In computer operating systems, paging is a memory management scheme by which a computer stores and retrieves data from secondary storage for use in main memory. In this scheme, the operating system retrieves data from secondary storage in same-size blocks called pages. Paging is an important part of virtual memory implementations in modern operating systems, using secondary storage to let programs exceed the size of available physical memory.

A barrel processor is a CPU that switches between threads of execution on every cycle. This CPU design technique is also known as "interleaved" or "fine-grained" temporal multithreading. Unlike simultaneous multithreading in modern superscalar architectures, it generally does not allow execution of multiple instructions in one cycle.

Micro-Controller Operating Systems is a real-time operating system (RTOS) designed Jean J. Labrosse in 1991. It is a priority-based preemptive real-time kernel for microprocessors, written mostly in the programming language C. It is intended for use in embedded systems.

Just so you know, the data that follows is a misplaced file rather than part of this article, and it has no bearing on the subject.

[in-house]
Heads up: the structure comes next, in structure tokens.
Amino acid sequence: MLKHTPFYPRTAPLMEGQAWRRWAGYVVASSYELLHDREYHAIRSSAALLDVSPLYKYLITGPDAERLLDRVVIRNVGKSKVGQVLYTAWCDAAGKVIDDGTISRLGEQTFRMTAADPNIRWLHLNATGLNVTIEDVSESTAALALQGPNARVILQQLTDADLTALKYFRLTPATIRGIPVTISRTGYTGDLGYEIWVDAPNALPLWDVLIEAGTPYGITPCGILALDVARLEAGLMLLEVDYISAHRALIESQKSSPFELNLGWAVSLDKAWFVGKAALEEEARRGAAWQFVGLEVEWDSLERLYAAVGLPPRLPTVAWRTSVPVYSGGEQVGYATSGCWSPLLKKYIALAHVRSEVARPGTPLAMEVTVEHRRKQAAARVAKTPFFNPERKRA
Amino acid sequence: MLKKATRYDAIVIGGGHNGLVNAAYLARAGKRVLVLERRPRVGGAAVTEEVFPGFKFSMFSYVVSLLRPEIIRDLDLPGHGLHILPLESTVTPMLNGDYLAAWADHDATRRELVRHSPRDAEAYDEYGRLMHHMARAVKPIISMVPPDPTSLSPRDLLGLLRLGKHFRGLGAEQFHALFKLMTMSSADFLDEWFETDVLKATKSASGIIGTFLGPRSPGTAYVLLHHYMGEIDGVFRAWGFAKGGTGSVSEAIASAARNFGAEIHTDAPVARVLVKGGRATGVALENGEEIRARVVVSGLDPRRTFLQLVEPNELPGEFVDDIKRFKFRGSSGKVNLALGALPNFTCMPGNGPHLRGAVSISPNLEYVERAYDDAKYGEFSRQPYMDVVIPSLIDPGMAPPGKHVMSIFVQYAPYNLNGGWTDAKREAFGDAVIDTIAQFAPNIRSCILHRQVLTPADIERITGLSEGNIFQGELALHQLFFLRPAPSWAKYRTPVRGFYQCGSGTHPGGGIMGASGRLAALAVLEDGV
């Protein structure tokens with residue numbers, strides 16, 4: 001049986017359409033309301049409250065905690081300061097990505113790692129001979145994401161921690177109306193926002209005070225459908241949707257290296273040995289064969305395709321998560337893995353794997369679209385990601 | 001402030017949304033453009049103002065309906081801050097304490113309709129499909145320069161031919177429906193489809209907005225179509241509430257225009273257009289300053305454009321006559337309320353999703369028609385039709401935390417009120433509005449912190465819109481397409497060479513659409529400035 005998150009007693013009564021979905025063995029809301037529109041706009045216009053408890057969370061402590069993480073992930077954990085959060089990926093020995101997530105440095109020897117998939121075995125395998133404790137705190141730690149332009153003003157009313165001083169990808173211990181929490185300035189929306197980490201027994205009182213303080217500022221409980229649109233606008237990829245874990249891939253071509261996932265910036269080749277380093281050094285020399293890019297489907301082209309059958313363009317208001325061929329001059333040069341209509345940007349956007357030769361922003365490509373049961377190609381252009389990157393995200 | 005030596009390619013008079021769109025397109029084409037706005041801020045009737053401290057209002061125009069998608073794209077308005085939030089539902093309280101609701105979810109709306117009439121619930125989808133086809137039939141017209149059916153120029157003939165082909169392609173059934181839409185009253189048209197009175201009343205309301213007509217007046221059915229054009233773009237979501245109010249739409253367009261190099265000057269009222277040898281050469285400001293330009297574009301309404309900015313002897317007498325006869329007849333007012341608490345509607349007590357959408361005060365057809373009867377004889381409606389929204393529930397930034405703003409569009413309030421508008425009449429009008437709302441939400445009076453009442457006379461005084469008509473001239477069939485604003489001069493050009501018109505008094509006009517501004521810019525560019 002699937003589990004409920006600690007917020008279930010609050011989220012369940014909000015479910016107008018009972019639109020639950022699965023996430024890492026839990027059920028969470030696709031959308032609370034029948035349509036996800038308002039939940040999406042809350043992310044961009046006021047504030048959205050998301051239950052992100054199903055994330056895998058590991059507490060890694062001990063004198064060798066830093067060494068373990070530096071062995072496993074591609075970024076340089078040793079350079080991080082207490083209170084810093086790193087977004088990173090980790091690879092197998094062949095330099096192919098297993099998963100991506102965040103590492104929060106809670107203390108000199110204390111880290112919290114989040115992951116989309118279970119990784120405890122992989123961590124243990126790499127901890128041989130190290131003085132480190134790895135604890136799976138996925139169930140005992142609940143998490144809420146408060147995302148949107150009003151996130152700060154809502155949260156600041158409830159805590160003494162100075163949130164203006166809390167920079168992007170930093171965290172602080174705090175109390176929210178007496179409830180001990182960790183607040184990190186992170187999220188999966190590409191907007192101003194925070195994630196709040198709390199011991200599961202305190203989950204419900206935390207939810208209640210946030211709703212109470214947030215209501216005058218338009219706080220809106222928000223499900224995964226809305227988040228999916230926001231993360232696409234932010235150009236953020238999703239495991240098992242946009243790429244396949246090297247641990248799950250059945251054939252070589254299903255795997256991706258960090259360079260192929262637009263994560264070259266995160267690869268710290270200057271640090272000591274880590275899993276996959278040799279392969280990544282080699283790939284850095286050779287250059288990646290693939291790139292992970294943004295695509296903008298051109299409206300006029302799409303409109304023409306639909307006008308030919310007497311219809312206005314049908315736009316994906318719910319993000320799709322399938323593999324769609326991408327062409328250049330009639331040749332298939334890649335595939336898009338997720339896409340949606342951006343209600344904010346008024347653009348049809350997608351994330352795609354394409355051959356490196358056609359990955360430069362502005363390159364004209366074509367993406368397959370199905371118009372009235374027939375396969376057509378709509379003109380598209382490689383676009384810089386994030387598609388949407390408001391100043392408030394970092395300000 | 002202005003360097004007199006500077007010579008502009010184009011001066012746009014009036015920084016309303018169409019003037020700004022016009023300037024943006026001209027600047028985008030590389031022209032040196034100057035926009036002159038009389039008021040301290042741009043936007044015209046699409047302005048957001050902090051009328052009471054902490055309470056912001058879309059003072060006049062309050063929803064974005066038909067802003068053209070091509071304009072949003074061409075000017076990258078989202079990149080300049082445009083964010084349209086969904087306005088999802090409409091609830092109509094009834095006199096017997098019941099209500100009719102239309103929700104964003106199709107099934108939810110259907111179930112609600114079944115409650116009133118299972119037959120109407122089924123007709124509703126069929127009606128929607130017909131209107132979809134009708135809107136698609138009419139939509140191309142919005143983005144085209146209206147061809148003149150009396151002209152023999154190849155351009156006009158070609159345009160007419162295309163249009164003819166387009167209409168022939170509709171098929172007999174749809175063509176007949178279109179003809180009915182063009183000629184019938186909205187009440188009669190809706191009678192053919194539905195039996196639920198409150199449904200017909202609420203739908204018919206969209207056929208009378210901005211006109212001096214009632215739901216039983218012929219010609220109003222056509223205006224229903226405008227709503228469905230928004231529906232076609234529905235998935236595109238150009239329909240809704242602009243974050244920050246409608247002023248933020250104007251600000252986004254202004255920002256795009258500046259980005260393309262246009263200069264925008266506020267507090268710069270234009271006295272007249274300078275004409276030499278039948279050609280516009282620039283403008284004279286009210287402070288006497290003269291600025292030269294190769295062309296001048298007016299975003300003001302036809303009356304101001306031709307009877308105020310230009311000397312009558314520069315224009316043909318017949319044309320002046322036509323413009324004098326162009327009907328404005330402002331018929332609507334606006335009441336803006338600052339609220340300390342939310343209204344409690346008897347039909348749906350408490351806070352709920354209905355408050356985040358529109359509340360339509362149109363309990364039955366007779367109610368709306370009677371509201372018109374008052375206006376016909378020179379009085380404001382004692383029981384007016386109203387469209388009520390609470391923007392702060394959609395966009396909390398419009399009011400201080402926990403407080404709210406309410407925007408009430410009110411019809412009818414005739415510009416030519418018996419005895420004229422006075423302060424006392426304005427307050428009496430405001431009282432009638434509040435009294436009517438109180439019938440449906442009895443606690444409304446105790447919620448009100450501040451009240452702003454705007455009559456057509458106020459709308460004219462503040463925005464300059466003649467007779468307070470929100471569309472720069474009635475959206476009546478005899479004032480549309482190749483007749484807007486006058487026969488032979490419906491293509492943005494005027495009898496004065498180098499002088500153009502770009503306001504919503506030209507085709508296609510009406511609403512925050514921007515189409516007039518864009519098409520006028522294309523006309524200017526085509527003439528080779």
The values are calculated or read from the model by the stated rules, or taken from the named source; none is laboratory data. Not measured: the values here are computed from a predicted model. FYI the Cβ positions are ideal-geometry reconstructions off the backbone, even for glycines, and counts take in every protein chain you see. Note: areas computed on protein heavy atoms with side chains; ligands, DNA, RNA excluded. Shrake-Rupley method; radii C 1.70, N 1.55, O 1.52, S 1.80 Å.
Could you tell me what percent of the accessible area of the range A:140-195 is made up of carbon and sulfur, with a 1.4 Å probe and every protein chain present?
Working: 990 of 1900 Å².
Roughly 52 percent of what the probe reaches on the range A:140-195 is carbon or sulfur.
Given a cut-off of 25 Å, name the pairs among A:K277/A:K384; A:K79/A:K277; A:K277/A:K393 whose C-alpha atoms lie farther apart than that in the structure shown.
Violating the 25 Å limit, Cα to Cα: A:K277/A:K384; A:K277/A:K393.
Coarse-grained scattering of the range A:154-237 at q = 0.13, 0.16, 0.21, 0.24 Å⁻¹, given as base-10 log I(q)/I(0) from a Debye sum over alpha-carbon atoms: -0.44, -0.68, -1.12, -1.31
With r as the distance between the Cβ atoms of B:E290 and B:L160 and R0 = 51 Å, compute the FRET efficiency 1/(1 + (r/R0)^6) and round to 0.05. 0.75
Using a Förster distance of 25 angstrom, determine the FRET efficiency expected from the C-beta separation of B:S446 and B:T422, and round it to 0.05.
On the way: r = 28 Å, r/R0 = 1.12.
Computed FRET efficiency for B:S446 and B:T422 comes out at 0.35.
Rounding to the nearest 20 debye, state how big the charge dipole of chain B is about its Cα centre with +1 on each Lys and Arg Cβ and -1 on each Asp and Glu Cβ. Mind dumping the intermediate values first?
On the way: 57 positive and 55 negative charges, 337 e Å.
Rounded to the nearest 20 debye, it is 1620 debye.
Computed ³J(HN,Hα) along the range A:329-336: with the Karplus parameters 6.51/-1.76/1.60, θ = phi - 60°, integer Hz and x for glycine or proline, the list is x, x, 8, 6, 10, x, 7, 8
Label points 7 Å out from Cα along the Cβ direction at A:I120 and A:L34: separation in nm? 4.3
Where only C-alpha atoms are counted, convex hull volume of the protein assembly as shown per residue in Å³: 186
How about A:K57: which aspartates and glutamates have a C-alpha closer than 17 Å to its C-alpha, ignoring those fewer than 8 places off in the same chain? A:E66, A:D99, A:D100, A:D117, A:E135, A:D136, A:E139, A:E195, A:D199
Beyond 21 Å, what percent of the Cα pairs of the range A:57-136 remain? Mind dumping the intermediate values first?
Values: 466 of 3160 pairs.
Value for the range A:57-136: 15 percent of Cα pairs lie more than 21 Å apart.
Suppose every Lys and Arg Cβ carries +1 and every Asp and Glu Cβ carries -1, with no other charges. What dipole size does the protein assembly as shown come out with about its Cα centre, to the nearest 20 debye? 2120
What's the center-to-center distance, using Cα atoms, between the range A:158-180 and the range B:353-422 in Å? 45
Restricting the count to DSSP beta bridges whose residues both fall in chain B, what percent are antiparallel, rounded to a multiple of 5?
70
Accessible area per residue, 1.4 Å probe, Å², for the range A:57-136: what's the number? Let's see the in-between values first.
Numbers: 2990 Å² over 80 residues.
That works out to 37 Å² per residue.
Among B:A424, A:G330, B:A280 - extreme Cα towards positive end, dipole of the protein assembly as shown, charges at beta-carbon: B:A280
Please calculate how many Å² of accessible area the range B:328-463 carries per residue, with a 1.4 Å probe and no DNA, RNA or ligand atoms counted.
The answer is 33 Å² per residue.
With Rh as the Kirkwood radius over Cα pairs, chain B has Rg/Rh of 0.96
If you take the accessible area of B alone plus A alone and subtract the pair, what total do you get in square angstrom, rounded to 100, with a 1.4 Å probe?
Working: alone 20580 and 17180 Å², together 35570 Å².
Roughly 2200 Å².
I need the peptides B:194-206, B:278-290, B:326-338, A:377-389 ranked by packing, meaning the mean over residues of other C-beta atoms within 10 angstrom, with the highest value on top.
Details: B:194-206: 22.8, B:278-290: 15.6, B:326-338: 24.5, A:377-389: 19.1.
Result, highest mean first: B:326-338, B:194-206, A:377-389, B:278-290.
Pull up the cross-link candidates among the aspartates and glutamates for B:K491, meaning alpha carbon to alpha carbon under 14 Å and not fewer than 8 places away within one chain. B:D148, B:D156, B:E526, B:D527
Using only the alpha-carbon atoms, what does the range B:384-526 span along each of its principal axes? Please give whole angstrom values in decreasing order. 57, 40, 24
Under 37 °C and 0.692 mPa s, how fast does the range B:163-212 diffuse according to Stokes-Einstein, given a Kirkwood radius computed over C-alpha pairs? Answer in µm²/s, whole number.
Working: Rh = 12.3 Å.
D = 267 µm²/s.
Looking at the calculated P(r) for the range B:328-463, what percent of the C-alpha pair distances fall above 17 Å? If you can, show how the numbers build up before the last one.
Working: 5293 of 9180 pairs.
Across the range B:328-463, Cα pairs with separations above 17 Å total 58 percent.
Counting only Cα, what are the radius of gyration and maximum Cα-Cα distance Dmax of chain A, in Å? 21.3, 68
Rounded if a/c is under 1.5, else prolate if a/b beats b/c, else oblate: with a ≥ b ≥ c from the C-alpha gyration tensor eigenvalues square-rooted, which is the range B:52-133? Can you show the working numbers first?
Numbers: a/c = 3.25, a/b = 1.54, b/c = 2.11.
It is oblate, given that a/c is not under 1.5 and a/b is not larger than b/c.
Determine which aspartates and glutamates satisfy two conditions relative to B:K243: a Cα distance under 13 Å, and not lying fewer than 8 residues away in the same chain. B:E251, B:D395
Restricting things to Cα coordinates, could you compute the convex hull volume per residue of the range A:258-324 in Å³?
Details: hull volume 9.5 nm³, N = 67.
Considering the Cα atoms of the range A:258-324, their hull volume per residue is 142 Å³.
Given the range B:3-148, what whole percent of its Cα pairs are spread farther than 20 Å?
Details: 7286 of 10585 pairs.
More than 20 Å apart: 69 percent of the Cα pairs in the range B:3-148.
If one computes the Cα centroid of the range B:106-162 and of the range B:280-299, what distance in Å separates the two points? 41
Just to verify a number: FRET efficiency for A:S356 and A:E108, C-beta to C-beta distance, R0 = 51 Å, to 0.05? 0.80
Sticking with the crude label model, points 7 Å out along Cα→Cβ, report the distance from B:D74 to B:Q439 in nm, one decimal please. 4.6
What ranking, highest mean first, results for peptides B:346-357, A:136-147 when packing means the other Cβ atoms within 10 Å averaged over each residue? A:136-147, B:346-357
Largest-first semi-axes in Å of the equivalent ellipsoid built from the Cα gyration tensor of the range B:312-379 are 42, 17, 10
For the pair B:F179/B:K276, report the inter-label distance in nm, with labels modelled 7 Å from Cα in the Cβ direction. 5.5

In computer science, asynchronous I/O is a form of input/output processing that permits other processing to continue before the transmission has finished.

The RC 4000 Multiprogramming System is a discontinued operating system developed for the RC 4000 minicomputer in 1969.

In computing, preemption is the act of temporarily interrupting a task being carried out by a computer system, without requiring its cooperation, and with the intention of resuming the task at a later time. Such changes of the executed task are known as context switches. It is normally carried out by a privileged task or part of the system known as a preemptive scheduler, which has the power to preempt, or interrupt, and later resume, other tasks in the system.

Cooperative multitasking, also known as non-preemptive multitasking, is a style of computer multitasking in which the operating system never initiates a context switch from a running process to another process. Instead, processes voluntarily yield control periodically or when idle or logically blocked in order to enable multiple applications to be run concurrently. This type of multitasking is called "cooperative" because all programs must cooperate for the entire scheduling scheme to work. In this scheme, the process scheduler of an operating system is known as a cooperative scheduler, having its role reduced down to starting the processes and letting them return control back to it voluntarily.